Speaking of injuries, Jason Jordan lost the most months of the year to injury, with his neck injury keeping him sidelined since January. Similarly long injury absences include the 7 months Bobby Fish, Dean Ambrose and Epico Colon missed, and the 8 months Tamina, Riddick Moss and Tino Sabbatelli lost.
In terms of comings and goings, 2018 saw a massive 54 new additions join the roster. More than half of these can be attributed to NXT UK, so we may not see this number bettered until they add NXT Mexico, NXT Japan, NXT Qatar, NXT Angola, NXT Vatican, or NXT Outer Moons of Jupiter in the future. Of this number, 6 were returning superstars - Bobby Lashley, James Ellsworth, Maria Kanellis and Rey Mysterio on the main roster, EC3 on NXT, and Shawn Michaels in that weird non-canon PPV WWE tried in the Saudi Arabian market for some reason.
These 6 returns were mirrored by 6 departures. Half of these came from also-rans in NXT, but the three main roster ejections were pretty high profile. At least Big Cass retained some modicum of respect after he was let go, which is a lot more than can be said for his fellow departees Enzo Amore and James Ellsworth post-WWE.
A surprisingly high 58 men and women, or 25% of the overall roster, held a title in 2018. The actual number was 59, but Nicholas wasn’t included as he wasn’t under contract. Oh, and 12 years old. That does mean however he has held more gold in WWE than Hall of Famers Junkyard Dog, Jake Roberts, Harley Race and Jim Duggan combined.
This was another category where Seth Rollins did well. He racked up the most amount of titles challenges (7), and the most individual title reigns thanks to 2 runs each with the Intercontinental and Raw Tag Team Titles. His efforts with the belt in particular also made the Intercontinental Title the most contested overall, with 21 title defences spread across 6 wrestlers.
But here, Seth is outshone by AJ Styles. He has the honour of having the most title defences in 2018 (13), and the second longest reign within the year with 316 days spent as WWE Champion, only better by Pete Dunne’s end to end reign as WWE UK Champion. On the flip side, Brock Lesnar may have had the third longest reign (231 days) during his first run with the Universal title, but his second reign involved no title defences (equalling Rusev’s US Title reign and Strowman and Nicholas’s Raw Tag Team Title reign) and resulted in the Universal title having the fewest overall defences for a full-time title (7). Only the NXT UK Women’s Title (2) and NXT North American Title (5) can better that number, but both were created in 2018.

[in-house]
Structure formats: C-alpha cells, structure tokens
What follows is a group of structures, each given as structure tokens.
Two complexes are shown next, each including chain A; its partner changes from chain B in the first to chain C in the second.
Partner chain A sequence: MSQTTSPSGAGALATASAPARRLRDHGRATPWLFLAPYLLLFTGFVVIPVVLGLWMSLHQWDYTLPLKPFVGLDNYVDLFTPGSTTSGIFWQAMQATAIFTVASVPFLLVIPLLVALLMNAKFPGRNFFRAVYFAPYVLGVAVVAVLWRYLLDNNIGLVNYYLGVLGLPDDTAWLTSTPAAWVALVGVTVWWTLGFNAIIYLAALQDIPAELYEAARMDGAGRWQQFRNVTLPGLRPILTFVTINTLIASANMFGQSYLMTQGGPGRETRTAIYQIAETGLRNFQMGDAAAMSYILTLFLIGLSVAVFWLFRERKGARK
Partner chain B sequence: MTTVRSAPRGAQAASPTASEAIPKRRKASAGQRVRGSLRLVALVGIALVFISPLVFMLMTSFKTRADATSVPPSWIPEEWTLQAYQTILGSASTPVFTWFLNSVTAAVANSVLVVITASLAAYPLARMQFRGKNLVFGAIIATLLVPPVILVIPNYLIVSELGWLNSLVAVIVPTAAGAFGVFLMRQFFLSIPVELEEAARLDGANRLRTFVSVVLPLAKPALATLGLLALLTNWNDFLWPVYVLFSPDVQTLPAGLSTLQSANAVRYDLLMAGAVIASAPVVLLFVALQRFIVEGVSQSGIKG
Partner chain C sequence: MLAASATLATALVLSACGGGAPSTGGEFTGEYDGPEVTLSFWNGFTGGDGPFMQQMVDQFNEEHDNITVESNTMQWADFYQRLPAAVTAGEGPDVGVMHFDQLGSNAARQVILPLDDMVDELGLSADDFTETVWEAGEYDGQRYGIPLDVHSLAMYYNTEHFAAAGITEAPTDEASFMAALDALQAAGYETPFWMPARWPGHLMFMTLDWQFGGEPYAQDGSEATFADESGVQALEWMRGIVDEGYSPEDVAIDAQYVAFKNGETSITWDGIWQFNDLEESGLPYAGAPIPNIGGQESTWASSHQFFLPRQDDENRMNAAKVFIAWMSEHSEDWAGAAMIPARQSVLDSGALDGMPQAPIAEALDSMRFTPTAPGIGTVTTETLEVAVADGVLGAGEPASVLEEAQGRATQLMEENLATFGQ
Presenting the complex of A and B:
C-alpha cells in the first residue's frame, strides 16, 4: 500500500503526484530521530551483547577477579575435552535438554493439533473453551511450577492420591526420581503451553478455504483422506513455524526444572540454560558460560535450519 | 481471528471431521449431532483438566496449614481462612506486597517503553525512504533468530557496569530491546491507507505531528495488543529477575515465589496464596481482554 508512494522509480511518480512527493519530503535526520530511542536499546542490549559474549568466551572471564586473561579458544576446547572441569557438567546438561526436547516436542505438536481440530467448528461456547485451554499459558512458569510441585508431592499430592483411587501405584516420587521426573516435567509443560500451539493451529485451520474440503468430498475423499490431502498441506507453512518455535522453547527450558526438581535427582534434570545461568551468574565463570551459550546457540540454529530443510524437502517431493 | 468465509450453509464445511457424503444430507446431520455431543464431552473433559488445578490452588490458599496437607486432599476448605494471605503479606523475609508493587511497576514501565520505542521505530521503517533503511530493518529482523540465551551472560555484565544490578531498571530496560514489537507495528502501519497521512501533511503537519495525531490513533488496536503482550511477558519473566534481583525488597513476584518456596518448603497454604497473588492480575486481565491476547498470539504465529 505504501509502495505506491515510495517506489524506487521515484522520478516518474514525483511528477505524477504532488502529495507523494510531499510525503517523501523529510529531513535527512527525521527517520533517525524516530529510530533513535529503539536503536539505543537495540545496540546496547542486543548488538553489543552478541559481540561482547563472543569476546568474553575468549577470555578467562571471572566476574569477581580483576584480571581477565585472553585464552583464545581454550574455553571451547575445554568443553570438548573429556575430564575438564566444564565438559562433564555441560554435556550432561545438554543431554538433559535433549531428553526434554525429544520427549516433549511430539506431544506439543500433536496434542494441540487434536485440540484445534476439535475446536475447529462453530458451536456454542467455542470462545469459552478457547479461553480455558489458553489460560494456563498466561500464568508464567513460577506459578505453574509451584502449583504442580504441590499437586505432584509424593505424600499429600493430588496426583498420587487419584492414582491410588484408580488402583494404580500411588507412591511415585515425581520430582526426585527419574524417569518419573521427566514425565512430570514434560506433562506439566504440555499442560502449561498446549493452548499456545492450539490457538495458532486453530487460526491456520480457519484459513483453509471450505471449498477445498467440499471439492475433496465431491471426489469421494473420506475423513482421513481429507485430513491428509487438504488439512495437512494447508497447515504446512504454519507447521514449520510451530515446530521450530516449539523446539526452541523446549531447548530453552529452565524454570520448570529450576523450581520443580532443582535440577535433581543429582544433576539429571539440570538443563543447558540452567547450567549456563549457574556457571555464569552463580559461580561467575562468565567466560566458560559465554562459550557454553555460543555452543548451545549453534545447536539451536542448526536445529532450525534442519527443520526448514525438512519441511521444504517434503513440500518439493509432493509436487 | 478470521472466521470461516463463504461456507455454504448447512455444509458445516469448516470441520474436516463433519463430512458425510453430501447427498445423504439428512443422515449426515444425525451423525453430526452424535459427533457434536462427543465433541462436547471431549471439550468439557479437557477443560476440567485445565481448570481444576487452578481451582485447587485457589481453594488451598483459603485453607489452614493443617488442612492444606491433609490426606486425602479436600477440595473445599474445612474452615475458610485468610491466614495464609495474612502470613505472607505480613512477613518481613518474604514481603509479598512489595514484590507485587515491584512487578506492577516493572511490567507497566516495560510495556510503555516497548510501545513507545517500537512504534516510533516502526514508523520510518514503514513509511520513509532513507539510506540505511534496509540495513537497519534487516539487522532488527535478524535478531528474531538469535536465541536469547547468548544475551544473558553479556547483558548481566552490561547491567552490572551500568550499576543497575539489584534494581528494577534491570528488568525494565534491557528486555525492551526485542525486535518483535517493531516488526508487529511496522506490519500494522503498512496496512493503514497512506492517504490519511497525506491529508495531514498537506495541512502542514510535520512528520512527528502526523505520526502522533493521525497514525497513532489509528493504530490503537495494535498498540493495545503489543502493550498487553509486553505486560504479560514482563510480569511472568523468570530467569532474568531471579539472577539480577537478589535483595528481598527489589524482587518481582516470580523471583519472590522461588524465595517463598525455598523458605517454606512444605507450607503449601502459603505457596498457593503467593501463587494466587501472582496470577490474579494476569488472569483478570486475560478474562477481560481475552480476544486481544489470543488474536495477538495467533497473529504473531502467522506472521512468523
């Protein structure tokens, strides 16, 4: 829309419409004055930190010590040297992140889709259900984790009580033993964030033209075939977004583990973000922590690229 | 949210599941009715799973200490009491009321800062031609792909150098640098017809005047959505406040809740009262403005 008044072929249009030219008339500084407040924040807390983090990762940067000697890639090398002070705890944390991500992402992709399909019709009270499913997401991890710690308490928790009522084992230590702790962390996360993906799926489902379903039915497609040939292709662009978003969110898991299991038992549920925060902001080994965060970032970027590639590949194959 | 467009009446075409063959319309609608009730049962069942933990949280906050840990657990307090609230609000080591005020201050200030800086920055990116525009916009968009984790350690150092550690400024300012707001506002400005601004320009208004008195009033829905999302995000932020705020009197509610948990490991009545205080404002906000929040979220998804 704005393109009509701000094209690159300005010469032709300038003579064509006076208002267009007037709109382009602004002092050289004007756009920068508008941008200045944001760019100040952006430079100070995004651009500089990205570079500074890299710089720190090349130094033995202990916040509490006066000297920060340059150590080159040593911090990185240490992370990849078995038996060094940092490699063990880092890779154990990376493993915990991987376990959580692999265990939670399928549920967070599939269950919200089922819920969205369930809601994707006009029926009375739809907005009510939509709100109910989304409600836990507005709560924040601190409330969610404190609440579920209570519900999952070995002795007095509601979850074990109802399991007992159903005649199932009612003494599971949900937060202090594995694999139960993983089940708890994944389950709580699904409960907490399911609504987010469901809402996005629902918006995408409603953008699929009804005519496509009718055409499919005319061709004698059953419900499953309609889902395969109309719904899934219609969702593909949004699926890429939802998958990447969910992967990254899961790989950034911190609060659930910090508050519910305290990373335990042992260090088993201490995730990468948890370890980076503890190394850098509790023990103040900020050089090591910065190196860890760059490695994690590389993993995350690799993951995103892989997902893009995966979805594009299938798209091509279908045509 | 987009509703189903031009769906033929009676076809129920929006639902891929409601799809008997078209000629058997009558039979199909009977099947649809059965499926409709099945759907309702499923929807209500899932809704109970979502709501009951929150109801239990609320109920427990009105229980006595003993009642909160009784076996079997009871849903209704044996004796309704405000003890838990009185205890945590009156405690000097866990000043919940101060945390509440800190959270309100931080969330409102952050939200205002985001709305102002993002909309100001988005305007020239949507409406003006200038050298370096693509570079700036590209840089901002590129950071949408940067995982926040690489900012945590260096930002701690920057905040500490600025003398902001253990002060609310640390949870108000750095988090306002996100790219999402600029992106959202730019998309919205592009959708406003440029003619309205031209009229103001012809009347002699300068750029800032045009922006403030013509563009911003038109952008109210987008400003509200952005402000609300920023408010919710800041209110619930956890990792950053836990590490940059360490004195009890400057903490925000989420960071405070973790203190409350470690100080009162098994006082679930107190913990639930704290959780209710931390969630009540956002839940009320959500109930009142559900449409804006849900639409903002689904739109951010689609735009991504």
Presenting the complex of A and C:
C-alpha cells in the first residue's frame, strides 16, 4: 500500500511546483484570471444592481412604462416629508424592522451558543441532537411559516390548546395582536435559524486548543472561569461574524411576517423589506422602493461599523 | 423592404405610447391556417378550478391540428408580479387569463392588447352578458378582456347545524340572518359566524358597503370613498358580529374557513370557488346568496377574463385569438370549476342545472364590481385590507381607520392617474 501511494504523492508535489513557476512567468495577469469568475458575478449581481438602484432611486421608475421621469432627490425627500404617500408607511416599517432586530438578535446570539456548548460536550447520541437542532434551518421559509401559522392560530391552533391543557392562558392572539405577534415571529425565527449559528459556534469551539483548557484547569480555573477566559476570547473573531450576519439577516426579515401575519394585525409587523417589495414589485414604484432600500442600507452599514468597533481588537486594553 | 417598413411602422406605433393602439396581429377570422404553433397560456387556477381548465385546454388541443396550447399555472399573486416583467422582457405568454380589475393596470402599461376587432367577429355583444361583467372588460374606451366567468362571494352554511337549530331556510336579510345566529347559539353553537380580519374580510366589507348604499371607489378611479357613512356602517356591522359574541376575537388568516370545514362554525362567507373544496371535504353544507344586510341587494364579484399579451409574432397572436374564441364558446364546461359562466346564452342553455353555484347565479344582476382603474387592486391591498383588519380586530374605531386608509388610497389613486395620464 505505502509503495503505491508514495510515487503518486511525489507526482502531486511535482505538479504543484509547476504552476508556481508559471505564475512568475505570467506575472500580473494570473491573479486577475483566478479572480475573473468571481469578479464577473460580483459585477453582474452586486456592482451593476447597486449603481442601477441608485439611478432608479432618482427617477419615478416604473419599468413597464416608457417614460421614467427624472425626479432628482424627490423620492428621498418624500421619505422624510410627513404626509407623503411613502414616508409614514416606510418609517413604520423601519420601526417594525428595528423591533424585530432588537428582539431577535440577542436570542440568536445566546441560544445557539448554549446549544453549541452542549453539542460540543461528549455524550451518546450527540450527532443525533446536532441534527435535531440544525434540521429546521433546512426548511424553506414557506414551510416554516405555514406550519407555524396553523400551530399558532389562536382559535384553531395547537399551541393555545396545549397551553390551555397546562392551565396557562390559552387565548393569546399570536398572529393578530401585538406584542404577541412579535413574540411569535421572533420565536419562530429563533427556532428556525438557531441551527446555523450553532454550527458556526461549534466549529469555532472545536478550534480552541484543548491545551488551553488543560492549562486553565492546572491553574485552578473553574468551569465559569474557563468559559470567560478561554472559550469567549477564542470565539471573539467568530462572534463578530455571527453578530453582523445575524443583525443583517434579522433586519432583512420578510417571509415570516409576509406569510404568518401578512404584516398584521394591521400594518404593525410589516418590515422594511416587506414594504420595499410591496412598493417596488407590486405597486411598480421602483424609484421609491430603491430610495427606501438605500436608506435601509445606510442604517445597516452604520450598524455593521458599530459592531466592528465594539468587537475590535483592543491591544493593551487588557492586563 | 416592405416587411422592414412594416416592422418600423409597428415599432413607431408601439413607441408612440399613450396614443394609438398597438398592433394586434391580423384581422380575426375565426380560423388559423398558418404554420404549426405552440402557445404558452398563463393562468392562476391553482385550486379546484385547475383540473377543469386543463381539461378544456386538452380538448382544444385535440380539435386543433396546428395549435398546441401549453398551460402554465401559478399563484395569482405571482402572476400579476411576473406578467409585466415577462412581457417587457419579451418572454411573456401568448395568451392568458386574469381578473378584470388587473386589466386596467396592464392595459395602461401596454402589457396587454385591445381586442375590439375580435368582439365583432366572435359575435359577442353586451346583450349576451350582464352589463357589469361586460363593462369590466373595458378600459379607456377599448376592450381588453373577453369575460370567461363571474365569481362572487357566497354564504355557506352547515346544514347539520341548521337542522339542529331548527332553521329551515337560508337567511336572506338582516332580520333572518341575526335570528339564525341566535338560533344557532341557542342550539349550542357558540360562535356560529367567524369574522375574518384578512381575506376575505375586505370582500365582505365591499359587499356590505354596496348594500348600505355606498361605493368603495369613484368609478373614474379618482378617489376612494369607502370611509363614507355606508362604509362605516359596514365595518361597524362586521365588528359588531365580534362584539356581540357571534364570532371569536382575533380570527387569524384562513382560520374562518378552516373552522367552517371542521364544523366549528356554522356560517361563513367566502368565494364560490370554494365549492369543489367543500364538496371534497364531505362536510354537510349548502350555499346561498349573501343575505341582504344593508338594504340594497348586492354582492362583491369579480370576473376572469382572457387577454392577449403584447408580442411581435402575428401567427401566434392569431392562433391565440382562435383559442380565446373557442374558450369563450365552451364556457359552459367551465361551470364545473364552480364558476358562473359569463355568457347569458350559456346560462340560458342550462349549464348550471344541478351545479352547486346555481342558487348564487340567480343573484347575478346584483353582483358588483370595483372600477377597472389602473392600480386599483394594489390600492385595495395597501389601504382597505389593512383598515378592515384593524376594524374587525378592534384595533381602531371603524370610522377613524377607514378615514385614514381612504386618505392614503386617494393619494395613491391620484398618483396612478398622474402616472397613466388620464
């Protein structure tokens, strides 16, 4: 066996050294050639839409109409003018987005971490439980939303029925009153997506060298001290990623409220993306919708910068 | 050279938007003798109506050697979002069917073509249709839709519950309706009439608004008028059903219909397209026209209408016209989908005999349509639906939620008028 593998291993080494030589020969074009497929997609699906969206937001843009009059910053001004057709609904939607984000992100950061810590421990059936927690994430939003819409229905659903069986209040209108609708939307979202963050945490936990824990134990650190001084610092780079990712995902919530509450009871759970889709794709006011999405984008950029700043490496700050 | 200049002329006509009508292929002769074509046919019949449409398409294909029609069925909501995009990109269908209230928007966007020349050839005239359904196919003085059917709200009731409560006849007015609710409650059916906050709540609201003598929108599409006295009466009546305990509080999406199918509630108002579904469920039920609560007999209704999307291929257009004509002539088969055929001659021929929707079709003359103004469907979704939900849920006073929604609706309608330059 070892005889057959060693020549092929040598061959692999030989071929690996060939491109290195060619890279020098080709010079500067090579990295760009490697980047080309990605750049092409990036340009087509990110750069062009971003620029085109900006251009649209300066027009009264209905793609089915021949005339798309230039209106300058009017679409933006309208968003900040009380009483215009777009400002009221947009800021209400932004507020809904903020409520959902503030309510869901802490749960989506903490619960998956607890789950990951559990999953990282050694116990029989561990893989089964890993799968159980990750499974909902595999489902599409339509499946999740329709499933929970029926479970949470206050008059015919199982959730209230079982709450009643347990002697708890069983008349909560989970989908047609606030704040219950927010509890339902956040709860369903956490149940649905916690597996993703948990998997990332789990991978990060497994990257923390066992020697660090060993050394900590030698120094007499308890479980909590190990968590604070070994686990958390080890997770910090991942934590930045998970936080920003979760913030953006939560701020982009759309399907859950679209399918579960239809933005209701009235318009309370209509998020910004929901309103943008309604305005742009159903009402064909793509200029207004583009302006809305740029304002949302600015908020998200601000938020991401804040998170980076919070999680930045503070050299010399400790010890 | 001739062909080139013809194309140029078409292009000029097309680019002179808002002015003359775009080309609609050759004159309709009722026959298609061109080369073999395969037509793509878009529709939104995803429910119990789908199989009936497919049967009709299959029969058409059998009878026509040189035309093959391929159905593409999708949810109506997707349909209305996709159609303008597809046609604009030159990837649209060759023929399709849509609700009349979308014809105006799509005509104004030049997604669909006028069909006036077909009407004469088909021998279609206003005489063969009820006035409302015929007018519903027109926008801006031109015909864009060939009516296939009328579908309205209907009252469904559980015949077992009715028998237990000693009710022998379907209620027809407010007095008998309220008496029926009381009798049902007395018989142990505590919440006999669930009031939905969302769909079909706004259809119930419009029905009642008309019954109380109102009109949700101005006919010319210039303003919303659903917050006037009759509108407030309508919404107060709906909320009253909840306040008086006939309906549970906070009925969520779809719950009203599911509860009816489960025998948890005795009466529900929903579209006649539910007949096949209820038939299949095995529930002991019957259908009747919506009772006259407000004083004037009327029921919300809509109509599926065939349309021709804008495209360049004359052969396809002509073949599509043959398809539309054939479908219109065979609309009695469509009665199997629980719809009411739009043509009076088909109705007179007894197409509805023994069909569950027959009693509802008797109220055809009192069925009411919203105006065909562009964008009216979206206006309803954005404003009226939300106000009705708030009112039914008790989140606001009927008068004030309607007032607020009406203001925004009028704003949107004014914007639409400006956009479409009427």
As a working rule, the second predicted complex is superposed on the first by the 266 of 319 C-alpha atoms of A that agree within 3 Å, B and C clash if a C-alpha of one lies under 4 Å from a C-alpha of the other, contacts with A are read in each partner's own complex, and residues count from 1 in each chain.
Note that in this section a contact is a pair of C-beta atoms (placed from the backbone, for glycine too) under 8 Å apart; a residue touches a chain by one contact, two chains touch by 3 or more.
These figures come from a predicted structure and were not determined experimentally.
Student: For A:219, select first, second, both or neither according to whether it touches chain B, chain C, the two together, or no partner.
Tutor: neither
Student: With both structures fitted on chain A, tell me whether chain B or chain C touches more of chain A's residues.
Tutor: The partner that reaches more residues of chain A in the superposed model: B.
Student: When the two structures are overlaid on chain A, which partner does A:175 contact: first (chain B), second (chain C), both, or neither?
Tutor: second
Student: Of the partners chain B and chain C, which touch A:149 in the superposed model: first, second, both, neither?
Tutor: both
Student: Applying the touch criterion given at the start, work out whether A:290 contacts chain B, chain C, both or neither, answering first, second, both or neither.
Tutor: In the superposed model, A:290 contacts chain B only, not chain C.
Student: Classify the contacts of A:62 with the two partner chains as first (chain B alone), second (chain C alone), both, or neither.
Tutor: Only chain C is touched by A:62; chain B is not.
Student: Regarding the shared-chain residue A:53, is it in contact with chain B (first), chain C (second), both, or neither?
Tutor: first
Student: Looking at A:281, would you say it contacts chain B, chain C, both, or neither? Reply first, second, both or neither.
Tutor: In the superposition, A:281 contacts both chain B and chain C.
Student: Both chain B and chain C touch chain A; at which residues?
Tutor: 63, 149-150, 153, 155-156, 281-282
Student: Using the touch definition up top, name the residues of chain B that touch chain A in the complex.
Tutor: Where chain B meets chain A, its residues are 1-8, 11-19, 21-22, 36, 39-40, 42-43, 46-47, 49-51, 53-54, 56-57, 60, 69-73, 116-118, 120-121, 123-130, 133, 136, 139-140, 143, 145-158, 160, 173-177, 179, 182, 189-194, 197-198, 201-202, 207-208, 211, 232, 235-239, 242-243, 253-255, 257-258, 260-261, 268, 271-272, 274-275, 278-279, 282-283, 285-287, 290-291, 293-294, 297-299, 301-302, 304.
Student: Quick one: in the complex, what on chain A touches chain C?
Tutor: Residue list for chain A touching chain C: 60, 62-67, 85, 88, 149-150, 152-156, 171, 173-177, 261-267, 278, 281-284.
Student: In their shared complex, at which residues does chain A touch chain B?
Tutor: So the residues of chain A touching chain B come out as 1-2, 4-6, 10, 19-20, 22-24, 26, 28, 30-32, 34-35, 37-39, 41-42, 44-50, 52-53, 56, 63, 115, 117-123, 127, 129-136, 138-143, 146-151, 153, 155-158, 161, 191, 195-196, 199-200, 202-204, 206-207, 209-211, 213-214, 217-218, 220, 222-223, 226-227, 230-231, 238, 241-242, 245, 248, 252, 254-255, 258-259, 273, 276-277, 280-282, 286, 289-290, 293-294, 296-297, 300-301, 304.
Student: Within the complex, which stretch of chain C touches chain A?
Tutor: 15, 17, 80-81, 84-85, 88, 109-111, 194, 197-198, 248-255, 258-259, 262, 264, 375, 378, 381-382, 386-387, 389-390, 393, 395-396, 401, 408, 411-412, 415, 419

The WrestleMania publicity stunt win for Strowman and Nicholas pops up again when looking at the shortest title reigns, with it only lasting a day. Hot on their heels is another tag team title reign, this time Tyler Bate and Trent Seven’s 2 day run with the NXT Tag Team Titles. This does however mean they had by far the best average defences vs title length ratio (yay?), with their one defence every two days average miles away from the worst average, which belongs to Tommaso Ciampa, who only defended his NXT Title once every 83 days.
And that will do it! As I said, this is just a small chunk of the data I gathered over the course of 2018. If you want to get into Big Data analysis (you totally should and remember who gave you the idea when you’re making the big bucks), this represents a hell of a little project to pick through, as I imagine there are a thousand weird quirks and trends that even I haven’t picked up on.
If you’d like to see more, you can find more in-depth articles over at Foul Entertainment, where you’ll also find film and gaming podcasts and articles from me and my co-host, Michael Owen (unfortunately no, it isn’t the footballer, but he did once appear on Channel 4’s “Job Interview”, so he’s at least been on TV). And you can find more well-researched-yet-ill-advised opinions on wrestling over on Twitter - @TheGutteridge.